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Uptick in Childhood Food Allergies: A First-Aid Kit for ECE Programs
October 13, 2023
Eat food. Not too much. Mostly plants. That, more or less, is the short answer to the supposedly incredibly complicated and confusing question of what we humans should eat in order to be maximally healthy.
-Michael Pollan, American professor, author of In Defense of Food (and others)
“There’s been an uptick in childhood food allergies in recent years, and new evidence from Northwestern shows they’re also becoming more common in adults.” So begins an article on the Northwestern University Feinberg School of Medicine website. “Many of the reactions to these allergies are life-threatening. Why is this increase happening, and how can we keep people affected by food allergy safe? Ruchi Gupta, M.D., M.P.H., is trying to answer those questions.

There are many theories as to why food allergies are on the rise in both adults and children, but Gupta says there is no definitive answer: “Chances are there is not one factor ... it's going to be a group of factors and how our lifestyles have changed.”

The Exchange Essentials “Health and Safety First Aid Kit” provides a collection of articles that each address some of the most common issues facing programs for young children. Article titles include:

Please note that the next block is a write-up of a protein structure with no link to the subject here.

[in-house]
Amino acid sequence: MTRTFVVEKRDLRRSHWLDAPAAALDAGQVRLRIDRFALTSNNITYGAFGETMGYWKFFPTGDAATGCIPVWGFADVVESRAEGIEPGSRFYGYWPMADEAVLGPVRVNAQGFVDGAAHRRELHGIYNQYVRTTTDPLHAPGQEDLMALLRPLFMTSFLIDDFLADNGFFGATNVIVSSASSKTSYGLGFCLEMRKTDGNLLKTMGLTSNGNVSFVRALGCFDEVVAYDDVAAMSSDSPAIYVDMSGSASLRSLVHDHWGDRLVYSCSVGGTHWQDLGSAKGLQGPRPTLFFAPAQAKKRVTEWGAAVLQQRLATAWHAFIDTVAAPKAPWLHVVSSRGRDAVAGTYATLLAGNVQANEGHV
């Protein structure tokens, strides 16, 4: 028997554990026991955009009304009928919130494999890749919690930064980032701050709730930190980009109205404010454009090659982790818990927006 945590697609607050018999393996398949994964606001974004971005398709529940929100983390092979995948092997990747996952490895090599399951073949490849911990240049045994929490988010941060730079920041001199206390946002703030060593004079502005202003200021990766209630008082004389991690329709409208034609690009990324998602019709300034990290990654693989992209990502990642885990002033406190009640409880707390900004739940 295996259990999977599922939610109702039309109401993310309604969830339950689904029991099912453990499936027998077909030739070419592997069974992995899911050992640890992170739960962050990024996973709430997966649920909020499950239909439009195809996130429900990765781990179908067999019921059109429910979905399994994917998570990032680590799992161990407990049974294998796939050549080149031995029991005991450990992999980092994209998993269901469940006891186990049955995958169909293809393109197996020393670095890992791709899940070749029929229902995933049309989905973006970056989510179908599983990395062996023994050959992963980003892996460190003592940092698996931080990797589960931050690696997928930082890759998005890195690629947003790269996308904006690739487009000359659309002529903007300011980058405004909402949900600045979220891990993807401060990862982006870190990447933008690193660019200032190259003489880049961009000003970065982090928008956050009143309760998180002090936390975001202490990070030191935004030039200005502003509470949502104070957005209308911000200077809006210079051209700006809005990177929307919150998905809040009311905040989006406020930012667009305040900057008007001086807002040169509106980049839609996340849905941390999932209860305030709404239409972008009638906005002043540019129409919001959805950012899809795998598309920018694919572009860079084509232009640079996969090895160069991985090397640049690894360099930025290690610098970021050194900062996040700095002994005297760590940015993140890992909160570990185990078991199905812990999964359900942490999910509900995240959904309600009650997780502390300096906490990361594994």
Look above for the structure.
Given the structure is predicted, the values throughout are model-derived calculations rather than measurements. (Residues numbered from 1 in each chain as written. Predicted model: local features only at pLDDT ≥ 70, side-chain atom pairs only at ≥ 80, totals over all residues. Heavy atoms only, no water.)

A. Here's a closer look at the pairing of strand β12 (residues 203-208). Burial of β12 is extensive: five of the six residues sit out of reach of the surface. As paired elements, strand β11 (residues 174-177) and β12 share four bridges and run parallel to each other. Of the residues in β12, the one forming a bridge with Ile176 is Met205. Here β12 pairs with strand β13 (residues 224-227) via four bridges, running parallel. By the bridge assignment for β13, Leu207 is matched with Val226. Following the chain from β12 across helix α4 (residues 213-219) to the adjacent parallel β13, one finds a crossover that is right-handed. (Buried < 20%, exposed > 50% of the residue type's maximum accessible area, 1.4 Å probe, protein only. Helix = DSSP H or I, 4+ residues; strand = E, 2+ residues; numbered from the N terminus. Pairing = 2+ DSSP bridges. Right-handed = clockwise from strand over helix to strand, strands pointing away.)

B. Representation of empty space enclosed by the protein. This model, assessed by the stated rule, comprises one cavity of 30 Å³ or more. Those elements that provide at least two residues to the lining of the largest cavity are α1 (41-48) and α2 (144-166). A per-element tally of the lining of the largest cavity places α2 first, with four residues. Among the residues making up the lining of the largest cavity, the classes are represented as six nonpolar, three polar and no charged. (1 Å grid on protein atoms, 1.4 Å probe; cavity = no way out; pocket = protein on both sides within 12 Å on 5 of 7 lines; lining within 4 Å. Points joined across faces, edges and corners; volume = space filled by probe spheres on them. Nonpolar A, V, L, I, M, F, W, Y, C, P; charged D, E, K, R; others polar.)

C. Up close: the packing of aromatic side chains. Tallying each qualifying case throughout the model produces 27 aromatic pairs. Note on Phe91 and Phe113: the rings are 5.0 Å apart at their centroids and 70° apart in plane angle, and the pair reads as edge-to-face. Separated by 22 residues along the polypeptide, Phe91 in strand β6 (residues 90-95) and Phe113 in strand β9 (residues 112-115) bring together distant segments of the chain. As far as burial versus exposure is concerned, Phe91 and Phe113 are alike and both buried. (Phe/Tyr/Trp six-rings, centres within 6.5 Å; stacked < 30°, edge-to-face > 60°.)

• Supporting Children with Asthma and Allergies
  • Addressing Gluten Freedom in Early Childhood
  • Super Lice
  • Concussions in Young Children - What Early Educators Need to Know
  • And there are a number of others…

Pediatrician Elisa Padder offers advice on working with children’s families and health providers to develop care plans to deal with allergies and asthma. She also reminds adults to create a plan for safeguarding children’s emotions.

Padder urges that “along with prevention and proper medication management comes the emotional burden of living with a chronic medical condition such as food allergy and/or asthma. Be on the lookout for the emotional well-being of children with asthma and offer support. Even young children are sometimes teased or bullied by other kids for having a food allergy. ‘Peanut-free’ tables allow kids with peanut allergies to avoid an allergen, but when children are separated from other children, they quickly notice. How we talk about allergies and asthma can have a long-term impact on the social and emotional development of a child.”


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